However, if the size of the data is large enough, a network can map the same x i to any random permutation of images in Y, where any of the trained mappings can induce an output distribution that matches the target distribution. Thus, using L G A N only cannot ensure that the learned mapping function can transform an input x i to a desired output y i . To solve this problem, the cycle consistency loss L c y c is proposed. For each image x in X, the image transformation cycle should be able to bring x back to origin, which can be described as:
x G ( x ) G ¯ ( G ( x ) ) x , y G ¯ ( y ) G ( G ¯ ( y ) ) y .
In this way, L c y c is defined as:
L c y c = E x p d a t a ( x ) [ G ¯ ( G ( x ) ) x ] + E y p d a t a ( y ) [ G ( G ¯ ( y ) ) y ] .
In the proposed method, to impose key point constraint, key point loss is introduced. Theoretically speaking, key points indicate the shapes and directions of faces. If the landmarks of key points are close to those of frontal faces, the transformed faces are also close to frontal faces. Therefore, key points of facial images are extracted. With them, in the training process, we try to minimize the differences of key point positions between the transformed images and the target frontal images. On the other hand, similar to the idea of cycle consistency loss, we also minimize the backward differences. In this way, L K P is defined as:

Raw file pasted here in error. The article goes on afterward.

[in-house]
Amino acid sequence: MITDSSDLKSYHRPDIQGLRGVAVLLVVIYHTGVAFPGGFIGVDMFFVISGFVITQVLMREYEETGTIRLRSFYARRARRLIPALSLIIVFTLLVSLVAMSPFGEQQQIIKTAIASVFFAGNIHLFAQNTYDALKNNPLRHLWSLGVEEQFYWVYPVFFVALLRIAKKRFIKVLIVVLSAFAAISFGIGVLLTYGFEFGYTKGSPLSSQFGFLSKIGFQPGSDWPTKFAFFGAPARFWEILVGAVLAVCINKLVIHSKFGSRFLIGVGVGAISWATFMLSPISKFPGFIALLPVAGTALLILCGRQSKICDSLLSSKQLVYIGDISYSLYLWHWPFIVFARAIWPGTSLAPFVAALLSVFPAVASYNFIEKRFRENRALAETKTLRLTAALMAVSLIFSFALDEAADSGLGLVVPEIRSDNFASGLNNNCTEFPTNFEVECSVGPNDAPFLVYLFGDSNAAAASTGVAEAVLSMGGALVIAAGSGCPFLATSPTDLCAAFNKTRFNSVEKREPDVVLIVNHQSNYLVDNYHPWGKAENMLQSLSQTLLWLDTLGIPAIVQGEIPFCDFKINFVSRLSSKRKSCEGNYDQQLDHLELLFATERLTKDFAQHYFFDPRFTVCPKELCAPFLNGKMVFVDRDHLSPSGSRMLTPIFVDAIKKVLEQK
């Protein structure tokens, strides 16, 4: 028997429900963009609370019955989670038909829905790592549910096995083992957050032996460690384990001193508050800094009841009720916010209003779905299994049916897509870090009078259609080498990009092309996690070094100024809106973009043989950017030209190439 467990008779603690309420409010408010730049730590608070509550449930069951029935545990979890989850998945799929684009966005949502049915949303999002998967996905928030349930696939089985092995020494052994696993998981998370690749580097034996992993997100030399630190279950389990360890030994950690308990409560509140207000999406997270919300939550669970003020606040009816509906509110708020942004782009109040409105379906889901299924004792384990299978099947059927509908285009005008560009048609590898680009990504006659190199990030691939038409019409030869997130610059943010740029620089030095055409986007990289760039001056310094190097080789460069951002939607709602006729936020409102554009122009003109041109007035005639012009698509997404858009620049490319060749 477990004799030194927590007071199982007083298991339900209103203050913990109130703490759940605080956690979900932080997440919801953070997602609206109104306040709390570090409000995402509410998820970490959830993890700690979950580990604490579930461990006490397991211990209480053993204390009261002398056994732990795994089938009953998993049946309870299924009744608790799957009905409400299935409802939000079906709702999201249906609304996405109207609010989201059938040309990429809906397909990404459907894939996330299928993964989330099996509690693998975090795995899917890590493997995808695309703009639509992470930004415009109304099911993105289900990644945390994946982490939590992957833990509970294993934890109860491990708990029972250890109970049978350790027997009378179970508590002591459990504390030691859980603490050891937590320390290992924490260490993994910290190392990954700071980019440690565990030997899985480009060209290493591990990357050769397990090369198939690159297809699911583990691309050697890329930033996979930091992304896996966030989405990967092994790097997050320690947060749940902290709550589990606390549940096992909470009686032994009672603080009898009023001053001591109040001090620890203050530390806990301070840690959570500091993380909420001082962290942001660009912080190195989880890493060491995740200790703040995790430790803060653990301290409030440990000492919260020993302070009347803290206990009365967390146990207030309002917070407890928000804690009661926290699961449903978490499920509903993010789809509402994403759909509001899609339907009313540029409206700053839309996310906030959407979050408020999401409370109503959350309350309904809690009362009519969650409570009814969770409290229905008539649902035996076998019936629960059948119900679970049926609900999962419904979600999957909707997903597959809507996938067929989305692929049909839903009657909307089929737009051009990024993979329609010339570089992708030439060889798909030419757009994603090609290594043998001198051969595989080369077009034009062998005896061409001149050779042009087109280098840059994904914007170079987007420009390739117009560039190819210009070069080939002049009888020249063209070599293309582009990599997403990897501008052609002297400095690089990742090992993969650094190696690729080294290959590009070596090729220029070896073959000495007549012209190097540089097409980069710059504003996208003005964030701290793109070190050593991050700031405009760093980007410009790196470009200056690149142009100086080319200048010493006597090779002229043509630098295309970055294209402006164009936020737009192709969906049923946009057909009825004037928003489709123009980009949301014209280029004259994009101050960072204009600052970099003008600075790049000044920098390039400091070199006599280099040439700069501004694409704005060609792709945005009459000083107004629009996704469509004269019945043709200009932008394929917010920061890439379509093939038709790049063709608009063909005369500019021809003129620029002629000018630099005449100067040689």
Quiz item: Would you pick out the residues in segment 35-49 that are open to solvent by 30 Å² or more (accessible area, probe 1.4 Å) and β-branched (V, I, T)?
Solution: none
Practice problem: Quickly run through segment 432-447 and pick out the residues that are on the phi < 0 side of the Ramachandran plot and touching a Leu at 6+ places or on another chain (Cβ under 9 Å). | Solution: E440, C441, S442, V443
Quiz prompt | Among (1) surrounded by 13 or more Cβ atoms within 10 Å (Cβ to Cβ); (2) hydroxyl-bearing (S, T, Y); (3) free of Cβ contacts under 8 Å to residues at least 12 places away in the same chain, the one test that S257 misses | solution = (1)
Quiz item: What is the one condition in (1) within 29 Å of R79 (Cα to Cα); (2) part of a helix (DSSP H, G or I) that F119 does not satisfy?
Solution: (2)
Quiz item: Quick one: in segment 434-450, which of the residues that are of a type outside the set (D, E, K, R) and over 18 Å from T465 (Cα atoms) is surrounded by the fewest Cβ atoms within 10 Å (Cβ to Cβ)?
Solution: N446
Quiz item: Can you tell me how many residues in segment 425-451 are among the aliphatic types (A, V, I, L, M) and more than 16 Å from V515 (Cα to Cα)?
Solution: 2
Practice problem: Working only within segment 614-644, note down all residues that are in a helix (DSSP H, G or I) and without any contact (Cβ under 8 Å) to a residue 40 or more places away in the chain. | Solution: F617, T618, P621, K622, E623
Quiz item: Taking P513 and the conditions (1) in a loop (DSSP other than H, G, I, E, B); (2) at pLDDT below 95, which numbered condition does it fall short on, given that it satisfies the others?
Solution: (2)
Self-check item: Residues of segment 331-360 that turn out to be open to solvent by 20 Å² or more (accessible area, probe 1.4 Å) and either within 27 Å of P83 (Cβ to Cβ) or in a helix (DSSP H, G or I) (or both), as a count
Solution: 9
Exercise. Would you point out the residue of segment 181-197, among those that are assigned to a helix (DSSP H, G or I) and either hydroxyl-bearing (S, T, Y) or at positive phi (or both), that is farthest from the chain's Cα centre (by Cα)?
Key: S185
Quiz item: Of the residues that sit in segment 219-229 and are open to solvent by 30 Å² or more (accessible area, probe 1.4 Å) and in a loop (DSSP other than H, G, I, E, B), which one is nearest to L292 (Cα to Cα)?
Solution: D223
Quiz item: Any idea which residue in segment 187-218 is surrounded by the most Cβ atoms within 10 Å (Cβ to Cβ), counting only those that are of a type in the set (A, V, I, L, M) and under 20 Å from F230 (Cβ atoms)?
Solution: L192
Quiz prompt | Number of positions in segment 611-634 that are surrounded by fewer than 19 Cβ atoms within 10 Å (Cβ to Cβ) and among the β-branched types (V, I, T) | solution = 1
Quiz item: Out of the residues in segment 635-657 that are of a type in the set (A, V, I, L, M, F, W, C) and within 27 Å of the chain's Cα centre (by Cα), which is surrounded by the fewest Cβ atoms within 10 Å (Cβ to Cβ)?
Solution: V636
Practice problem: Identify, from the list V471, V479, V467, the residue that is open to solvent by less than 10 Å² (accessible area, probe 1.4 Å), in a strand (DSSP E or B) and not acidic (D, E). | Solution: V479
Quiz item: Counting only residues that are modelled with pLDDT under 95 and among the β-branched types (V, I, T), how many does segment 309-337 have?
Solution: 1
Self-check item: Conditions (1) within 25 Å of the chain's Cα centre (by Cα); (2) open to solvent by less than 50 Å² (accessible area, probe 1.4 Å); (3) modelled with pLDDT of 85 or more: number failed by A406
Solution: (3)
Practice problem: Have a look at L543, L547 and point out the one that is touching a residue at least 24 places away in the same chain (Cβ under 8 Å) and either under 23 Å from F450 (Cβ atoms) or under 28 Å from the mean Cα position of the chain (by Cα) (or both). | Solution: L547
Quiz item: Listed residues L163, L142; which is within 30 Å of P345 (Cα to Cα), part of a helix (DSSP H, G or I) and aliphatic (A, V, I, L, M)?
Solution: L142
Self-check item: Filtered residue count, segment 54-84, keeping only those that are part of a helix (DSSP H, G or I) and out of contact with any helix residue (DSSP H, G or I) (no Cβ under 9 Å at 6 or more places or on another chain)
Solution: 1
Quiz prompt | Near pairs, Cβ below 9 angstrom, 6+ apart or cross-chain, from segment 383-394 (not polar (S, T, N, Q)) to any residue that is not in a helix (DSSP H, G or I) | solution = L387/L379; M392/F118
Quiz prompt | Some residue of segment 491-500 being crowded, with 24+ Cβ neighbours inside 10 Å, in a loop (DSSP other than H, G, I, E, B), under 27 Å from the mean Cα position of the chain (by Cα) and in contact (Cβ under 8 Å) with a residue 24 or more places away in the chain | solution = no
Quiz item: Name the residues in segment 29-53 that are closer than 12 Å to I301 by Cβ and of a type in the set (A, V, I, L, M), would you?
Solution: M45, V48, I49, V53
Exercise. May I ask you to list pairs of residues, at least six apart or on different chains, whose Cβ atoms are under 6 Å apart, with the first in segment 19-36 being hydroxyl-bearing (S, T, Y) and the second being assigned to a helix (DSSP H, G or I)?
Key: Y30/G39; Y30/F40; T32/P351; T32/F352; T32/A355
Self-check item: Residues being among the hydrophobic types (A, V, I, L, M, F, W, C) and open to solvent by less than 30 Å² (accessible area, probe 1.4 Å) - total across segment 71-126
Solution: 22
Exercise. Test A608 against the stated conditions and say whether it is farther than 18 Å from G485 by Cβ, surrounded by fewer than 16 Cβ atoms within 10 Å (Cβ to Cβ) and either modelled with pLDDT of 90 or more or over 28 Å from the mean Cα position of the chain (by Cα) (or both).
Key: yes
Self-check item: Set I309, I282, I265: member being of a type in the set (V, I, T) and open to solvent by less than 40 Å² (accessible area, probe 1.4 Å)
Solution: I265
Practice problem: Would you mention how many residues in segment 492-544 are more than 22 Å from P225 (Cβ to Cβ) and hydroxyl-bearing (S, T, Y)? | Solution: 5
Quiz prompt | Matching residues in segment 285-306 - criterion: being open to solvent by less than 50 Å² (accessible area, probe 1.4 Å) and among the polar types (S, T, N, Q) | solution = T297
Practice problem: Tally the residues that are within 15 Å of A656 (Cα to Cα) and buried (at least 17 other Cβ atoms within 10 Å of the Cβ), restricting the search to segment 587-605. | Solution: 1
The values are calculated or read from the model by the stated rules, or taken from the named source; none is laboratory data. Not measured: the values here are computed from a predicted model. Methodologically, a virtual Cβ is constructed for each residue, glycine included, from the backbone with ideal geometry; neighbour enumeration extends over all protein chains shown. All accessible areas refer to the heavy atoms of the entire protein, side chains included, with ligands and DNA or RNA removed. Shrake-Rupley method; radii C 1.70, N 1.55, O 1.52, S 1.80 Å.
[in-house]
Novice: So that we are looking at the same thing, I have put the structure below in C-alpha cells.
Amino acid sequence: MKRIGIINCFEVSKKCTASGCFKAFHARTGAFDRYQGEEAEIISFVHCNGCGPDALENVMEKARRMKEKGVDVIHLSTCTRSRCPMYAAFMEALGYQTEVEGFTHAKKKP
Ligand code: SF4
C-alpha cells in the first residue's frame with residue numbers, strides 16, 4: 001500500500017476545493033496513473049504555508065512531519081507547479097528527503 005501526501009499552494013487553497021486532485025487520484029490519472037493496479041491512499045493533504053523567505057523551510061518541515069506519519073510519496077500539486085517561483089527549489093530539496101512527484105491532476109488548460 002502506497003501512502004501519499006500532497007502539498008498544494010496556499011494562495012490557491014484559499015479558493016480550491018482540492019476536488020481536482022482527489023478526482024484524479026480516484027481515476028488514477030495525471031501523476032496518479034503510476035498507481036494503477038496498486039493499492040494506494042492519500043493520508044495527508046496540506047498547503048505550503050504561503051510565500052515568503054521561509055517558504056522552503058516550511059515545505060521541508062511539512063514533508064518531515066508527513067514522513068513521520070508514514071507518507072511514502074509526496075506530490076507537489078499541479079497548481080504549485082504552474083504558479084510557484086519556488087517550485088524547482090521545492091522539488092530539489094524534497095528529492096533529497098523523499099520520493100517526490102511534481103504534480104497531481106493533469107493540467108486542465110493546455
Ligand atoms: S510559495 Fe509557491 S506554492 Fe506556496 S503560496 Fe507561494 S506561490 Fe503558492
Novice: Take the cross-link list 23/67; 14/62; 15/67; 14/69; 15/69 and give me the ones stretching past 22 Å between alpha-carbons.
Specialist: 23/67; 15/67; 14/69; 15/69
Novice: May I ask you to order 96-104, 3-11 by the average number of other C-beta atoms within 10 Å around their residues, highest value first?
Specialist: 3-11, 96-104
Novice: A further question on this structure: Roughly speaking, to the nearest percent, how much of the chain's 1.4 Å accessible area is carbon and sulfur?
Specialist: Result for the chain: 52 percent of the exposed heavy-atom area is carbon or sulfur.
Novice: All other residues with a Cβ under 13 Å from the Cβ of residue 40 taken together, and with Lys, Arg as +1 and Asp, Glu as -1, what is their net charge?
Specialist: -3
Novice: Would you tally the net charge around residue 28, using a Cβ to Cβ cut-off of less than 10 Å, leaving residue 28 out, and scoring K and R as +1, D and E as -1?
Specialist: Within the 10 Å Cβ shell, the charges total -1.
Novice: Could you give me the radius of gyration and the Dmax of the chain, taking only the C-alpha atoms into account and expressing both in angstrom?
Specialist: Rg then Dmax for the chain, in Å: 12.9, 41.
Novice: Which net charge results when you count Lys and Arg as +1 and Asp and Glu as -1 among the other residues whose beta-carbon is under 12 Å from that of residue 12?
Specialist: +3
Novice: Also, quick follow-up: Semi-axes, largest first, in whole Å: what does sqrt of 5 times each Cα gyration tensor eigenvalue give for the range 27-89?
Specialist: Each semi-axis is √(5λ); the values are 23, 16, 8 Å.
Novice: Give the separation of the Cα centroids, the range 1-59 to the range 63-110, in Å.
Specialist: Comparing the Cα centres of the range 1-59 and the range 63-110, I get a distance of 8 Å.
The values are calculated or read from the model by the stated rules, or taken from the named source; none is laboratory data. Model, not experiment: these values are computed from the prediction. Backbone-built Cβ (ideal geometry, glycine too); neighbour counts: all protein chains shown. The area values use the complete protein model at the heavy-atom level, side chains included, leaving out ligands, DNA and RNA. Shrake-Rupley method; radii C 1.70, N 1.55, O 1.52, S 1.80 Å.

L K P = E x p d a t a ( x ) [ G ( x ) y ] + E y p d a t a ( y ) [ G ¯ ( y ) x ] .
There are many existing methods to extract facial key points. Among them, methods based on deep learning such as DCNN [20], Dlib [21], TCDCN [22], MTCNN [23], TCNN [24], DAN [25], and FAN [26] are popular recently. DCNN, Dlib, and FAN are able to extract 68 key points, and we finally employ a face alignment network (FAN) to obtain the landmarks of facial key points. The FAN is constructed based on the hourglass (HG) network for human pose estimation [27]. Actually, face alignment tries to estimate the face pose, and frontal face synthesis transforms face poses to the front. In particular, the method in [27] proposed to stack four HG networks to construct the network and its structure is shown in Figure 2. We follow the settings in the proposed method.